Tufts’ Economist Ackerman Spells Out Cost Case for Tackling Climate Change

“An impassioned plea to construct a better economics ….”

And “If we can’t afford the future, what are we saving our money for?”

Those are just two sound bites used by the publisher in promoting Tufts University economist Frank Ackerman’s new and highly readable “Can We Afford the Future: The Economics of a Warming World.”

A progressive (dare one say “liberal”?) economist well-versed in the literature of the Intergovernmental Panel on Climate Change (IPCC) and other scientists and scientific groups fearful of climate change impacts, Ackerman offers up a practical and useful response to those – and there will be many – saying it’s just too costly to take on climate change.

Ackerman is having none of it, and his 151-page climate economics tutorial is likely to do more than just make informative reading for climate scientists and the media needing to understand the economics of the climate issue. The book also will provide fodder, as Stanford University scientist Shephen H. Schneider says in a brief kudo, “to debunk the conclusion that stabilizing our future climate is ‘too expensive.’”

Along with the many other economic treatises the media will encounter as they deepen their reporting on potential climate change “solutions,” Ackerman’s new book can provide them a practical understanding of key issues such as the discount rate used in evaluating costs. He could hardly be more clear about the importance of this issue: “… the choice of the discount rate becomes decisive for the whole analysis. It is not an exaggeration to say that the discount rate is the most important single number in climate economics.”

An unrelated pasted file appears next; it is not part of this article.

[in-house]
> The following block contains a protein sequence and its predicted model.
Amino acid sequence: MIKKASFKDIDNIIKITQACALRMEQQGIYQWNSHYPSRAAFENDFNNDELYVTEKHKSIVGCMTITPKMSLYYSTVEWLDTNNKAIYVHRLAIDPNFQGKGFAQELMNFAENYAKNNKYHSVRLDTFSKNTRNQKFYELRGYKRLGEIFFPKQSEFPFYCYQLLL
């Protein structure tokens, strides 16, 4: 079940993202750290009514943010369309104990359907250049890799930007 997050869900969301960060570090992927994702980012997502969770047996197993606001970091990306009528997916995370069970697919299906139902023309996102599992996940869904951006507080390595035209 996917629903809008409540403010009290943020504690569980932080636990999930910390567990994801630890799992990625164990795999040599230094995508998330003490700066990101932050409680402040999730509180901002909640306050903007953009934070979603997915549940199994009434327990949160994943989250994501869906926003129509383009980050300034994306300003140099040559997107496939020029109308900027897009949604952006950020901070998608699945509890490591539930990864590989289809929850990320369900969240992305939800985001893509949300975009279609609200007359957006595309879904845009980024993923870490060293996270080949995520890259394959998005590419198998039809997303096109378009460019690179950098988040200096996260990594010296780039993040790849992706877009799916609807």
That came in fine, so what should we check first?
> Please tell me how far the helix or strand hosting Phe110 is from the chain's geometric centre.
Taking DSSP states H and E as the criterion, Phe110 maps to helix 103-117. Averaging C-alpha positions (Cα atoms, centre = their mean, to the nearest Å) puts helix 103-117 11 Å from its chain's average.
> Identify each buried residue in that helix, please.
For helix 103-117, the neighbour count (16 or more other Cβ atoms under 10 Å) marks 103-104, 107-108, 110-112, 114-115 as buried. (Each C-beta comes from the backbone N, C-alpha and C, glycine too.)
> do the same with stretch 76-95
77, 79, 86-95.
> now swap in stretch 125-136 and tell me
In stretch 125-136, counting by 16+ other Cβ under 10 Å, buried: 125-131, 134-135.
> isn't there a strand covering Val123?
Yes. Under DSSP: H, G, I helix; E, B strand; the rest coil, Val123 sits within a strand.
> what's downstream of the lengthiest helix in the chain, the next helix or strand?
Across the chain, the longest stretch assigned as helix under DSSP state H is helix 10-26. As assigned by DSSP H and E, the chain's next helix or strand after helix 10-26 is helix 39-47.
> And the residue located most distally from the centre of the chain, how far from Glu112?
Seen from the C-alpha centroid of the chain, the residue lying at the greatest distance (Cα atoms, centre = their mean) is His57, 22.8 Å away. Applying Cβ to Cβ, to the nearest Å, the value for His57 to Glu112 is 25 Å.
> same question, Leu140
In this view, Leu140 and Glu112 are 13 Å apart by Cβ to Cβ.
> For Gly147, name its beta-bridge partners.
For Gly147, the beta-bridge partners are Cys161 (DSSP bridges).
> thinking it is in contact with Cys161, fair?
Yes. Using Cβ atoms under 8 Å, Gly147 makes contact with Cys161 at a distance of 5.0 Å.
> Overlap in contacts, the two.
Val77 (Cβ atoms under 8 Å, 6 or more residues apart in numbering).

It’s likewise no exaggeration to say that cold hard traditional economic calculations and formulaic cost/benefit determinations, in Ackerman’s mind, will not alone suffice in driving policy makers: For one thing, he writes, “there is no market in which short-term investments and long-term policies are traded against each other, so they need not follow the same logic or employ the same discount rate.”

Using the home-owners insurance metaphor to illustrate a need to protect against future climate risks, Ackerman suggests that the goal “is not only to respond to the predictable average changes, but, even more important, to prepare for the worst. Think of it as buying insurance for the planet.”

And paraphrasing 18th Century philosopher Immanuel Kant, Ackerman writes at another point that “some things have a price, or relative worth, while other things have a dignity, or inner worth. No price tag does justice to the dignity of human life or the natural world. Since some of the most important benefits of climate protection are priceless, any monetary value for total benefits will necessarily be incomplete.”

At another point, Ackerman informs and educates on his views of “good costs and bad costs.”  Example:  Spending on infrastructure to avoid catastrophic hurricane damages may be a “good cost” because, among other things, it provides jobs and stimulates the economy; spending to mop up the costly damages of those storms may be a “bad cost.”

Journalists serious about informing their audiences about the coming climate change debates should well have Ackerman’s book on their shelves. Published by Zed Books (ISBN 978-1-84813-038-8 pb in paperback), it was listed in mid-February at amazon.com for $16.34.

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